"The Wrecking Ground, pt. 25" by Lee Huttner
"The Wrecking Ground" is an essay told in parts by Lee Huttner. We will be publishing a new part each week on our blog. Stay tuned!
A memory: I once set fire to the woods.
Camping in Fair Haven, the fire he had kindled atop a stump caught on the surrounding brush and spread swiftly with the wind. It gnawed hungrily at the dry undergrowth and blanketed a hundred acres in flame. Helpless to stop the conflagration, he instead climbed above it.
Perched on Fair Haven cliff, Henry watched the tide of flame advance with the guiltless, objective perspective of a naturalist. It was a glorious spectacle and I was the only one there to enjoy it.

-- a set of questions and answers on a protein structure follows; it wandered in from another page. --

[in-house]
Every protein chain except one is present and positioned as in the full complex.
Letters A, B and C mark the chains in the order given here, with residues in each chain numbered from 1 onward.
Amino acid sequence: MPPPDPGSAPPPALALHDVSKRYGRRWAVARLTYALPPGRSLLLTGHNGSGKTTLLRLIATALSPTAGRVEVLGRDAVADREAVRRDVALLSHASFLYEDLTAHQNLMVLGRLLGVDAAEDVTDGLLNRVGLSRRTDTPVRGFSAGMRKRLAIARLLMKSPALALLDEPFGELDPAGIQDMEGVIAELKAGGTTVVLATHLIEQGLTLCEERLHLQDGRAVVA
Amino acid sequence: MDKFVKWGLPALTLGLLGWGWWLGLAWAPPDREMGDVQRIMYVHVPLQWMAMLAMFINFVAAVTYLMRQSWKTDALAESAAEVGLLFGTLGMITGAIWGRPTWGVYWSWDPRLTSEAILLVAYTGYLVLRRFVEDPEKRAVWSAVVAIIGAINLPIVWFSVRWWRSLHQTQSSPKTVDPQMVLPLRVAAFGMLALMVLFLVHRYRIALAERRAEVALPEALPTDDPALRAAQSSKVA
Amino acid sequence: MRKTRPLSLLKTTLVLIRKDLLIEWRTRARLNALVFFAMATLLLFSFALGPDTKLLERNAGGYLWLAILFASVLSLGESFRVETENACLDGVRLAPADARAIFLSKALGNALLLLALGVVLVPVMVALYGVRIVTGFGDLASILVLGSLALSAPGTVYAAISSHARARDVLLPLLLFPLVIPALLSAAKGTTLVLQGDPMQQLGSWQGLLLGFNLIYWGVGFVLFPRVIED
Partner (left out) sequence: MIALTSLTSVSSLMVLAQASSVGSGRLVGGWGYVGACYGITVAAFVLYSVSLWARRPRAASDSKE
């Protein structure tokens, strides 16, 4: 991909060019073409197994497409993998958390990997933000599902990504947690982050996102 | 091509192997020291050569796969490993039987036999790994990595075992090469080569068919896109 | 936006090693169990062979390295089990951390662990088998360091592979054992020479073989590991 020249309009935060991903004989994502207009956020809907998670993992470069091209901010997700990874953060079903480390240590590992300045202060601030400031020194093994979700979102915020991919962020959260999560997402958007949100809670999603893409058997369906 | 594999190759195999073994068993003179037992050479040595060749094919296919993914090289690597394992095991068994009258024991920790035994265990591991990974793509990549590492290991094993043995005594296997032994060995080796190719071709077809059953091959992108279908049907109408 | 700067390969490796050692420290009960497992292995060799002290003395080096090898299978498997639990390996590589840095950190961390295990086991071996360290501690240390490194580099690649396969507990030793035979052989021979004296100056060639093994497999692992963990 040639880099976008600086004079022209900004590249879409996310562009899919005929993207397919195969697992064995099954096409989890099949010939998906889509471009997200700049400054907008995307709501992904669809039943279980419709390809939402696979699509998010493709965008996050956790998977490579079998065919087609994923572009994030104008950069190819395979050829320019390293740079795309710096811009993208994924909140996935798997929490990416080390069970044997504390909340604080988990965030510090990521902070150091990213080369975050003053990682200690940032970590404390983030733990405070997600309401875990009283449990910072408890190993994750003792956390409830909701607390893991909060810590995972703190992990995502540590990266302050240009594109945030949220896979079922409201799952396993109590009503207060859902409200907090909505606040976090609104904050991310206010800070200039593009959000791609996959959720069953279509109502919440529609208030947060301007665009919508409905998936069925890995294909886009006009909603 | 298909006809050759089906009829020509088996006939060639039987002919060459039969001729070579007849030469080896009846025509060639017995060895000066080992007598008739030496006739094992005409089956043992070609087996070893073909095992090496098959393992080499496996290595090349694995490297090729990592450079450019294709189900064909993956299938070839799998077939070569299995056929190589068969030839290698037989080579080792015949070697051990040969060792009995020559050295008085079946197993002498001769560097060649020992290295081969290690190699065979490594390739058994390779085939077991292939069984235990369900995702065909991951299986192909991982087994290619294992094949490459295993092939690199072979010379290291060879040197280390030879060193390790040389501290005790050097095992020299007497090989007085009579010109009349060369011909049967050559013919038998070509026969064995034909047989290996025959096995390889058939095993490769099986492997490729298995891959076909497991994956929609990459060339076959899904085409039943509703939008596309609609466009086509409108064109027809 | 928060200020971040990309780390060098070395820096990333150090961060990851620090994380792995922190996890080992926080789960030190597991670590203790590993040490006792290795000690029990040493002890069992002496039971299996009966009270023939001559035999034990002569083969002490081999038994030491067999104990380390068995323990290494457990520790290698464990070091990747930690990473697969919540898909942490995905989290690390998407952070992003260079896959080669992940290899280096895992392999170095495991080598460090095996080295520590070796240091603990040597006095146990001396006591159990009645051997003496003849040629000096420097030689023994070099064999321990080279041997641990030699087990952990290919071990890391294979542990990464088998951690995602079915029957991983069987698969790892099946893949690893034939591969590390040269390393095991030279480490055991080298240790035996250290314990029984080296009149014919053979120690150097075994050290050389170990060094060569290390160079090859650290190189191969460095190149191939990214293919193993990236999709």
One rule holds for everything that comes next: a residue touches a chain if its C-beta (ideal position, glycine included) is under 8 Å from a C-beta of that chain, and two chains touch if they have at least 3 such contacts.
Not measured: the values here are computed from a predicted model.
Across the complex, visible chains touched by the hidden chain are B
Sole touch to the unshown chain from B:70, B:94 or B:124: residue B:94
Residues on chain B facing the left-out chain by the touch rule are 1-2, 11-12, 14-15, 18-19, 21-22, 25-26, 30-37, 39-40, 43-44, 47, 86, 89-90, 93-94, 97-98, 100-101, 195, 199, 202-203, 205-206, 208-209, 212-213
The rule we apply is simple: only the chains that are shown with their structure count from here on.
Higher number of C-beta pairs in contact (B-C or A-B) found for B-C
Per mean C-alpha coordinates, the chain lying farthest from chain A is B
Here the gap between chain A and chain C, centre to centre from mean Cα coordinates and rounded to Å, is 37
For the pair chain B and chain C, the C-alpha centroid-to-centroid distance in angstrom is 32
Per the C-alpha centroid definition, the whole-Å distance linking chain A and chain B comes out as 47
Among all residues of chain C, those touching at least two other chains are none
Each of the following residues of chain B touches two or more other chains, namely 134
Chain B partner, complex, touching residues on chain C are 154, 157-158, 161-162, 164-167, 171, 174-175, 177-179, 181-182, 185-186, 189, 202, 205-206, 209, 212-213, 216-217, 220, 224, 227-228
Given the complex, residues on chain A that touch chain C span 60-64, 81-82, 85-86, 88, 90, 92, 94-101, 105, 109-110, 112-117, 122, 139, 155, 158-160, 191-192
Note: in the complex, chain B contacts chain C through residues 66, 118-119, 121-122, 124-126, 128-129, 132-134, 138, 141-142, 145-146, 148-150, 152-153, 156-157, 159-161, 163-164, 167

This was three years past. Now, Henry stands at the Atlantic shore, bleary-eyed from the long journey, waiting.
See: the moon is shuttered behind a cloud. The ocean settles once more to an indifferent black. The radiant beam of Fire Island Light sweeps across the water.
What else might that bright flame yet have to call to the wrecking ground?